Early on (around the 10 min point IIRC), he makes a good point about the difference in quality you should reasonably expect for machines that vary in price by a factor of 1000. Our $500 Printrbot is not going to make parts as nice or as large as the half-million professional-grade machine. That is a simple fact. Despite this, I would still argue that our Printrbot is a pretty darn cool capability!
Here's a section I transcribed from later in the video (about the half hour mark) where Wohler is talking about early adopters of additive manufacturing (I took the liberty of adding my links and emphasis to his words).
.. low volume, high complexity, high value parts. [...] If you simply take a design that you have manufactured the old way, whether it's CNC milling or injection molding, die casting, blow modling, whatever process. Just take that design and try to manufacture it with additive manufacturing is possible, but it's difficult from an economic stand-point to make it worth it. The business case just isn't there. You have to in most cases re-design, just as GE Aviation has done, taken about 20 parts and consolidated them into 1 in the CAD software. So to through part consolidation, methods of [...] topology optimization where you can mathematically decide where to put material to optimize the strength to weight ratio. To use mesh and lattic structures, and this part consolidation concept collectively that's where we can see some very big gains. However we don't necessarily have the tools, the tools are very crude, and the work-force out there are still designing for different manufacturing processes. So there's a lot of work that needs to be done, both on the CAD tools and methods of topology optimization and 'light-weighting' as well as creating awareness and understanding the strengths and limitations of these processes...There is a lot to digest in that passage, but I have to agree that there is a huge opportunity for improvement in the area of design software suited to additive manufacturing. There are open source options available for the classic minimum compliance problem, and these use basically the same procedure that more sophisticated and integrated options such as Altair Optistruct use (SIMP or variations thereof).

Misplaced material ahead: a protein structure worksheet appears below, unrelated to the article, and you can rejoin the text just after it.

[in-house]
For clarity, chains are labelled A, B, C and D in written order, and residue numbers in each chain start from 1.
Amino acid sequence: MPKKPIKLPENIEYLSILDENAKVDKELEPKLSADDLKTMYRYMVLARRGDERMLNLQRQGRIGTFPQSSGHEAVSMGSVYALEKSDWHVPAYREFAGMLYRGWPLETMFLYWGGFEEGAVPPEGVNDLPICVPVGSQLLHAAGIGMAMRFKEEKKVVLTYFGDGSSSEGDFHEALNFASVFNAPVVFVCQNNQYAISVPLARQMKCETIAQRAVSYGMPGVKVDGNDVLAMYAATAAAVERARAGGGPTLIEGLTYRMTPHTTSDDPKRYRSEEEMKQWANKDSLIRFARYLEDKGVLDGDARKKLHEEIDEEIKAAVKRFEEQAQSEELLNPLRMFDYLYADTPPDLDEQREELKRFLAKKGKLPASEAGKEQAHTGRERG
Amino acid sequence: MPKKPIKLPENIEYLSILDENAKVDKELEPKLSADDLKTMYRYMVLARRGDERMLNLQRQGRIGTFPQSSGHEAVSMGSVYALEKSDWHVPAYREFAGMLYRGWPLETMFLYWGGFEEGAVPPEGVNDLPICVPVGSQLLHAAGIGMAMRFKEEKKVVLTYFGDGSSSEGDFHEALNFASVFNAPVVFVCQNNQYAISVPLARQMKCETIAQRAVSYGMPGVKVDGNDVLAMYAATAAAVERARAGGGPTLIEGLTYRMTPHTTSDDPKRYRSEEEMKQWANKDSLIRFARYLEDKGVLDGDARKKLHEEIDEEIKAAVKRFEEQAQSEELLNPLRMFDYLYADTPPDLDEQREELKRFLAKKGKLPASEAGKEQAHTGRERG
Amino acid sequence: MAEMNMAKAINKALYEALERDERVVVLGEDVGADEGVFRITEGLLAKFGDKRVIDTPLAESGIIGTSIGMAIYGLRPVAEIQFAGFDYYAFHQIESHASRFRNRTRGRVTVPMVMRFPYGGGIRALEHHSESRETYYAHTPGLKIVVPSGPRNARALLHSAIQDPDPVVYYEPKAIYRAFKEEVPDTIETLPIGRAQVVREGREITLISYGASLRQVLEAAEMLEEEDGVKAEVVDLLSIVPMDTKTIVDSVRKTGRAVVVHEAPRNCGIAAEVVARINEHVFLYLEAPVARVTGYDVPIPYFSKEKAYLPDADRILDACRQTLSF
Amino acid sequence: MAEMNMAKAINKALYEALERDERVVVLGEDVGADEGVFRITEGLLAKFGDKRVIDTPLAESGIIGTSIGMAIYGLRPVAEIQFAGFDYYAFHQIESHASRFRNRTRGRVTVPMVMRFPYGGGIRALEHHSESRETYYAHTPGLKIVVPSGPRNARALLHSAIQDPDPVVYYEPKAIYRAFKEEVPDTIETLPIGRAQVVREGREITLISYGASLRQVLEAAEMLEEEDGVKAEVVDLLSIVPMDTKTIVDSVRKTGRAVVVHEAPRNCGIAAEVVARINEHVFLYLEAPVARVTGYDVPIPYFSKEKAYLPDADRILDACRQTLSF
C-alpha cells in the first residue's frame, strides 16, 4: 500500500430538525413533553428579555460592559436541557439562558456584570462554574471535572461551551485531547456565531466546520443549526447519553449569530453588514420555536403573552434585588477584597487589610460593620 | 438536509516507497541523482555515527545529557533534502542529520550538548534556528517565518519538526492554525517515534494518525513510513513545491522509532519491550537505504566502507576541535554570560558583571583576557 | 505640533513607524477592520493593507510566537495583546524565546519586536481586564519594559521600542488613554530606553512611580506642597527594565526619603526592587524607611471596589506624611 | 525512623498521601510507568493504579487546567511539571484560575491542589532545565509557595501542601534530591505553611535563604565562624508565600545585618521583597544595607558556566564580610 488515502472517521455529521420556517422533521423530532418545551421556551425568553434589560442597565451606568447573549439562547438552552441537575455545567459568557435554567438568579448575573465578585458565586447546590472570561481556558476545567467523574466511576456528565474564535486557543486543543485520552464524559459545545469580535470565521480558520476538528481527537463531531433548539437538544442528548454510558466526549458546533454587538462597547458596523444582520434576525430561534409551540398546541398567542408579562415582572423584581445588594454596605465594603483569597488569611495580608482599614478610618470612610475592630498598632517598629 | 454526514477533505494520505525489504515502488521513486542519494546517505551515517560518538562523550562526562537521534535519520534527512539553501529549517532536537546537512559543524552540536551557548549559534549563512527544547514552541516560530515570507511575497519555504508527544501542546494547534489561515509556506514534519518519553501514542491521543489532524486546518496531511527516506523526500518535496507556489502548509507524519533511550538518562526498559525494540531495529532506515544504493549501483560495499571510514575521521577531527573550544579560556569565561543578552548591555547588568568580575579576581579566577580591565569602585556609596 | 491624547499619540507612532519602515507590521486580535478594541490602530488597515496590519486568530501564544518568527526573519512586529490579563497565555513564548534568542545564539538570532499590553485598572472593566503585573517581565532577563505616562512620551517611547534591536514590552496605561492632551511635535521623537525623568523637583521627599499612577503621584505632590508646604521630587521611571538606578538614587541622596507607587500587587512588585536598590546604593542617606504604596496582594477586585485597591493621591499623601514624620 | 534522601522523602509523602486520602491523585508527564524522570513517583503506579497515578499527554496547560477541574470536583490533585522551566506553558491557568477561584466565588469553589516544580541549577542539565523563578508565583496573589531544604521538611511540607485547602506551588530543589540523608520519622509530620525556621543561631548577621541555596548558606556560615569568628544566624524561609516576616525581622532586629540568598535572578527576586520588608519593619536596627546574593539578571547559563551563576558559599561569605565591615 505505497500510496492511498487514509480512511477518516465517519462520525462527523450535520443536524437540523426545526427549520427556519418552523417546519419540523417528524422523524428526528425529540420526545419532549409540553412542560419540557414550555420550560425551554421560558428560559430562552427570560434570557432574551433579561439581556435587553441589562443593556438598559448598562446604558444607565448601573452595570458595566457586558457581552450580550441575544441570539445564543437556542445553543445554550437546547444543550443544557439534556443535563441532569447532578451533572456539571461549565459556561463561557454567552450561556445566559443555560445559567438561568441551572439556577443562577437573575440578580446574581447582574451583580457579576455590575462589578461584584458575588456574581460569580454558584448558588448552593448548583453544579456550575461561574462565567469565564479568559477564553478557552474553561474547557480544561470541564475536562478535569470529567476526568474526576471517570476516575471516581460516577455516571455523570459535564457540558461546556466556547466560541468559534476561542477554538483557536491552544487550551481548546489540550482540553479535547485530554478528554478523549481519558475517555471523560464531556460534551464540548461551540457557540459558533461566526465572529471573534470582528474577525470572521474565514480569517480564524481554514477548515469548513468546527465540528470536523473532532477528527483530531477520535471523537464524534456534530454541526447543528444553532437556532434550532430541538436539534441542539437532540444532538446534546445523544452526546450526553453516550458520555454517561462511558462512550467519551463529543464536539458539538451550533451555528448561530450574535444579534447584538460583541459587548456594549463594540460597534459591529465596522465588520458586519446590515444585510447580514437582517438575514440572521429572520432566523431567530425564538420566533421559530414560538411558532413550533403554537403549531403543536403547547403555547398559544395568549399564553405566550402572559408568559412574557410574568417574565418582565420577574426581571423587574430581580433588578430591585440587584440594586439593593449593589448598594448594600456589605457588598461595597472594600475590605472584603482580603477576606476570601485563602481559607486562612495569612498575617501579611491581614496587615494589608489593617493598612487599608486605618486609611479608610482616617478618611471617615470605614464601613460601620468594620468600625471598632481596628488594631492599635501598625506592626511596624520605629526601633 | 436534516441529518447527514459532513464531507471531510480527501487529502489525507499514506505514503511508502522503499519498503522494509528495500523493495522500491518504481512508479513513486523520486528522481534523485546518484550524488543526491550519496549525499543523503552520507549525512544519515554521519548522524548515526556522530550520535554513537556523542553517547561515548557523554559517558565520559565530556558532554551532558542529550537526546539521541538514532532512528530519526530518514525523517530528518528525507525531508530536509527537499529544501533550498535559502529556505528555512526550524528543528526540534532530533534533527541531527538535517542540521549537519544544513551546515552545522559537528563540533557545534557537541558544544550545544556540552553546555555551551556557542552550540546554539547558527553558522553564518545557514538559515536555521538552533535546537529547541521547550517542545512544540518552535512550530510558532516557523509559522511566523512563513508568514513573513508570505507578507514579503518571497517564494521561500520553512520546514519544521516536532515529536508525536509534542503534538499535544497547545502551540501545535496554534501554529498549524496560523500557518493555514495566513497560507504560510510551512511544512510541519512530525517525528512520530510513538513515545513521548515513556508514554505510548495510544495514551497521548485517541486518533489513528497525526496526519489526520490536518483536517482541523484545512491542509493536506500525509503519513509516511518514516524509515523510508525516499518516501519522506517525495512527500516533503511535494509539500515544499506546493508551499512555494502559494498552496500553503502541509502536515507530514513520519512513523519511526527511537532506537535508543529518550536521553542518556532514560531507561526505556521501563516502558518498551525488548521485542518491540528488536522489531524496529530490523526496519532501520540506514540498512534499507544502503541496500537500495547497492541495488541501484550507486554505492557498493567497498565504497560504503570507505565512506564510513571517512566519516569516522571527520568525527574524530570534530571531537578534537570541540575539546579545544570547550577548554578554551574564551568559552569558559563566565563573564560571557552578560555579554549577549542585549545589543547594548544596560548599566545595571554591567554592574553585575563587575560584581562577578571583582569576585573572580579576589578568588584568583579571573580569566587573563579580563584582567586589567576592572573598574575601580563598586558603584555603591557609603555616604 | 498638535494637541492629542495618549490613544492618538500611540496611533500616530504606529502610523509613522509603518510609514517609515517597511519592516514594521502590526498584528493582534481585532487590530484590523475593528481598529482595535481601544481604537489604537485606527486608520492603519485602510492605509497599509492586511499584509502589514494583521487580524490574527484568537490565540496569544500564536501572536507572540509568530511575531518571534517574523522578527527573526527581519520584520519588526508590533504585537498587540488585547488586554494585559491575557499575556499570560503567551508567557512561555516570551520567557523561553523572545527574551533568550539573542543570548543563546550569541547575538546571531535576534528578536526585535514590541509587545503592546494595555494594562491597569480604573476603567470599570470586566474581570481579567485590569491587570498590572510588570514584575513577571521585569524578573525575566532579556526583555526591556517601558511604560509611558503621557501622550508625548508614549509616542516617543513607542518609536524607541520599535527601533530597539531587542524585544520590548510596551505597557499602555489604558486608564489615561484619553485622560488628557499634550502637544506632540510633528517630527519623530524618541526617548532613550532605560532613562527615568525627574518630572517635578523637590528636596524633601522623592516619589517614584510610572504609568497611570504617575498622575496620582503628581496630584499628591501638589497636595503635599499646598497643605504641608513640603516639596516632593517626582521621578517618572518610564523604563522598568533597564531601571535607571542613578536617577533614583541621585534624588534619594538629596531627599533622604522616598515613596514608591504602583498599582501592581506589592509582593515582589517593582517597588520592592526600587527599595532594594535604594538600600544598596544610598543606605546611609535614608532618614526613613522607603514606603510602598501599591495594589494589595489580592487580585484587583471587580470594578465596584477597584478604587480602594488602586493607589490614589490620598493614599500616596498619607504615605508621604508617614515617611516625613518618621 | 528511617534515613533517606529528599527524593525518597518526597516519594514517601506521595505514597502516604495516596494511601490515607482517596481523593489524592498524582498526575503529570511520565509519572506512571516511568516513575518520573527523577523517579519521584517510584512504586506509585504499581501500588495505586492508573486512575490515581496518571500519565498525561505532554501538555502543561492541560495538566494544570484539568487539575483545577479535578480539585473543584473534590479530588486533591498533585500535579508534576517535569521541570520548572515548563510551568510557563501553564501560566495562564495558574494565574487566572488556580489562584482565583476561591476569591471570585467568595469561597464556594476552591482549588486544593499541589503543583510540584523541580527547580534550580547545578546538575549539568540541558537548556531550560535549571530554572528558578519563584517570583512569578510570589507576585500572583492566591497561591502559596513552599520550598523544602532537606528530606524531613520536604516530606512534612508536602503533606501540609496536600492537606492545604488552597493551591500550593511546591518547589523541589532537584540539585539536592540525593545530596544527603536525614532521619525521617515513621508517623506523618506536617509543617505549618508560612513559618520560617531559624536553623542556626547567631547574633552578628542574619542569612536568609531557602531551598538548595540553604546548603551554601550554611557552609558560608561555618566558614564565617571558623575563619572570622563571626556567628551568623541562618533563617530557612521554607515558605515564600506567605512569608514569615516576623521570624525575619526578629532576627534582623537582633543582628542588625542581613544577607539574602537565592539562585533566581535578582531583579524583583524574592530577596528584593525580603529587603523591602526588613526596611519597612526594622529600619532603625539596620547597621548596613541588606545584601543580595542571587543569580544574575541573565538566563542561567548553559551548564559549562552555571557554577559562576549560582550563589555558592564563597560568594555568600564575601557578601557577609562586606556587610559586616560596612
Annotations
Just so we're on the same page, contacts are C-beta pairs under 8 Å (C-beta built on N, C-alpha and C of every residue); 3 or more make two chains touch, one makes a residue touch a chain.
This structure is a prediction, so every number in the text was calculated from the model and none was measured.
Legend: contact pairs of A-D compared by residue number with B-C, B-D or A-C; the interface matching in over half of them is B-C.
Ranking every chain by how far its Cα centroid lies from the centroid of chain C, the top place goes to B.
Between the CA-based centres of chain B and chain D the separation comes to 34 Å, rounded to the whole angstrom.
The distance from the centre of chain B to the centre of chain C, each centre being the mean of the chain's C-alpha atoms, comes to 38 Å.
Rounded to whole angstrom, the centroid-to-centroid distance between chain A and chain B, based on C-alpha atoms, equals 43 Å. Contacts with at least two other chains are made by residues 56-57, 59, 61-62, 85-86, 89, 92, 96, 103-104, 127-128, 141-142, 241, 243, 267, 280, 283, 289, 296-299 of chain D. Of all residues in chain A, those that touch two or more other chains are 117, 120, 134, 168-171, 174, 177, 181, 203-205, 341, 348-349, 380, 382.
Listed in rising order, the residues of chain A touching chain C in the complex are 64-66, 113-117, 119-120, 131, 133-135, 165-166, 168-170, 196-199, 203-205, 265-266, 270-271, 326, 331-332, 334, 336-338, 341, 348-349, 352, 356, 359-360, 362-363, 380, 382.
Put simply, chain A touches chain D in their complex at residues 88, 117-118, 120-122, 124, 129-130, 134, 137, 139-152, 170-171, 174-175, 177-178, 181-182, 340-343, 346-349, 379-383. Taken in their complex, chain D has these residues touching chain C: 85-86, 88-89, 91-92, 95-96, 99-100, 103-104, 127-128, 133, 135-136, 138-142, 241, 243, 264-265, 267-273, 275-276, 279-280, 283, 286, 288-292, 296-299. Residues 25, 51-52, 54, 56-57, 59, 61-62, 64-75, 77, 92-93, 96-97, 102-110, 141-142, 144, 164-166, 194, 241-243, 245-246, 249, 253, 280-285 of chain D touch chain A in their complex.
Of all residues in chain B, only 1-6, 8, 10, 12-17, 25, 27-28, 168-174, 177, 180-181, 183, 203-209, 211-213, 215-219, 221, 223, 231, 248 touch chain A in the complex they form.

They talk about "the Maker movement" starting at about 45 minutes in. One of the panelists predicts that multi-material printers will be down at the $500 level (no date given on the prediction though). They expect that "innovation" will be coming from many sources, not just large companies, such as individuals, small start-ups and Universities. GE's GrabCAD contest seems to be an effort along this "crowd-sourced innovation" line that is often associated with 3-D printing. Wohlers mentions that along with the hobbyist ("very low end of the cost spectrum") opportunities for community collaboration there is also some good opportunity for collaborative standards development through bodies like ASTM. He estimates that there are 35k under-$5k machines sold last year (compared to roughly 7k of the industrial grade machines). He argues that these low-end machines are great for people to learn on through first-hand experience, but the average house-hold will probably not be using these machines to make stuff at home.
One of the neat things brought up at the end of the video was a 3-D printed brushless DC motor done by the Keck Center.